In 2006 Zaha Hadid, the iraqi-born, Stirling and Pritzer-price winning architect won the competition to build the cultural center Heydad Aliyev in Baku, capital of Azerbaijan.
The building had to symbolize the times of renewal that the asian country is going through with a majority muslim population, but officially a secular state. It was a soviet republic for over 70 years, located in the caucasus, a neighboring country of russia, georgia, turkey, armenia and iran.
The center, designed to become the main building of the national cultural programs, was also born to express the sensibility of the azeri culture and the optimism of a nation that looks to the future.
The current president is Ilham Aliyev, since 2003. He is the son of the national leader and “father” of the country’s independence that took place in 1991 and which is celebrated with the construction of the namesake building in question, Heydar Aliyev.
He remained in power for more than 30 years, minutely detailed in the biographical museum that is part of Hadid’s building.
The design of the heydar aliyev center establishes a connection between the surrounding square and the inside of building, making it continuous and fluid. The square, available for everyone as a part of the urban fabric of Baku, rises to wrap an inner space, also public, and defines a sequence of spaces for events dedicated to collective celebration of their own culture, both contemporary and traditionally azeri.
We can read waves, forks, folds and inflections, transforming the surface of the square into an architectural landscape that performs multiple functions: as a reception, as a guidance to visitors through different levels of the inside and the shelter.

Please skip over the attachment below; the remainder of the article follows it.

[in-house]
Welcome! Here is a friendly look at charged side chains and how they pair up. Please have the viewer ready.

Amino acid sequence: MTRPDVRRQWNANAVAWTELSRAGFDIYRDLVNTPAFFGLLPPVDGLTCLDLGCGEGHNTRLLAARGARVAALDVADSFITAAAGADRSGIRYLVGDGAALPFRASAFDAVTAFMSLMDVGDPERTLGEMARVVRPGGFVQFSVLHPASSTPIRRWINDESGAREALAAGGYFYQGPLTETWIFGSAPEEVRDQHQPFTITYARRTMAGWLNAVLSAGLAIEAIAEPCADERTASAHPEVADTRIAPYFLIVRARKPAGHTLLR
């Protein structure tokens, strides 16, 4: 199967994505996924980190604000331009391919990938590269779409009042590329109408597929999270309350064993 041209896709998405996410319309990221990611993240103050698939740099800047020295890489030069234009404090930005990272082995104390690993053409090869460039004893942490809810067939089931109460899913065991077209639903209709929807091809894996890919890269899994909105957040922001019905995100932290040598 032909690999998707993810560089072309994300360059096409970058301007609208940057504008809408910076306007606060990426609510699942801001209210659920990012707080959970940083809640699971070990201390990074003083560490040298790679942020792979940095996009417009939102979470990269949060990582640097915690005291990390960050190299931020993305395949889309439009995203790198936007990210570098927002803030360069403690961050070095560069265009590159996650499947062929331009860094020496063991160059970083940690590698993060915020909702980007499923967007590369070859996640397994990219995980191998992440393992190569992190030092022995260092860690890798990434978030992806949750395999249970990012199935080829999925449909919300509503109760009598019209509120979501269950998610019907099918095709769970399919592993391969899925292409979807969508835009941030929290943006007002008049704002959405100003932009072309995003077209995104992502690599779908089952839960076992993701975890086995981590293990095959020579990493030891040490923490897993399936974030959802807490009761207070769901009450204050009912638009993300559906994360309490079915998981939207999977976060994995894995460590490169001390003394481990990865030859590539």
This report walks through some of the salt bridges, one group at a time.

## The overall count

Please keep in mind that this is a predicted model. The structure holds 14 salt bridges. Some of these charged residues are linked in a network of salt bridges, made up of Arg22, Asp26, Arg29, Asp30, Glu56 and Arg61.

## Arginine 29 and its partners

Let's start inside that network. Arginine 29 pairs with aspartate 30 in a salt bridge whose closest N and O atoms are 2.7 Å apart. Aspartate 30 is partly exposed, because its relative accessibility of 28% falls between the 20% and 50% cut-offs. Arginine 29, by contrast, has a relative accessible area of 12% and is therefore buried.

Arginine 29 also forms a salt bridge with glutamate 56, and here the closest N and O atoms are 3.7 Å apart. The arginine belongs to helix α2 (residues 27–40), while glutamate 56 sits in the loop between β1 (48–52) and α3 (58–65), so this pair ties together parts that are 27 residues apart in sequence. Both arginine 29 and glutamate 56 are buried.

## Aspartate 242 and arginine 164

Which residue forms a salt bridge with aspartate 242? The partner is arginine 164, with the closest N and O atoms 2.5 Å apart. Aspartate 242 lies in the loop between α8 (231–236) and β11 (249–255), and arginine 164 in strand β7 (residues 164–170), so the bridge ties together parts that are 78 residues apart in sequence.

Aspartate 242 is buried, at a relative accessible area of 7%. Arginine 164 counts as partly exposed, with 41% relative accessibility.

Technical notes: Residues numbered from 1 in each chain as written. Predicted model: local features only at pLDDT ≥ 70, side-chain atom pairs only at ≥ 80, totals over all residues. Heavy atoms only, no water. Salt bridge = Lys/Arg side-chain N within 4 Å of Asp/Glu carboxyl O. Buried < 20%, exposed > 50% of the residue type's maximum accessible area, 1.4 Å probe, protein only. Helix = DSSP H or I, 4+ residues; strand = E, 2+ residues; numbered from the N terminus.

The building combines and nuances the conventional distinction between the architectural object and the urban landscape, constructing as shape and as background, the building shell and the urban square, inside and outside; the fluidity, traditionally represented in the historical Islamic architecture, establishes sequences to infinity, creating non-hierarchical spaces and relations without clear connections between the architectural elements and their surroundings.
The project is a smart use of which, at first, could be a disadvantage: an irregular topography. To this end, terraces are all connected, forming alternative routes, the building, the public square and the underground parking.
We can find two building systems which work closely: a concrete structure and a spatial structure system that allow the achievement of spaces of huge scale, free from columns, allowing visitors to feel the fluidity that the inner space gives.
The lighting emphasizes the continuous relationship between the inside and the outside of the building; its design was a strategy to distinguish the reading of the day from the reading of the night. By day, the volume of the building reflects light, modifying its appearance according to the time of day and the perspective from which the observer is located. By night, the building is gradually moving into the outer spaces thanks to the inside lighting.
To close, it has to be said that this building won the architecture category in the seventh edition of the Design of the Year in 2014, promoted by the Design Museum in London and chosen from 70 candidates from different categories. It was also the first time what a woman won the architecture category.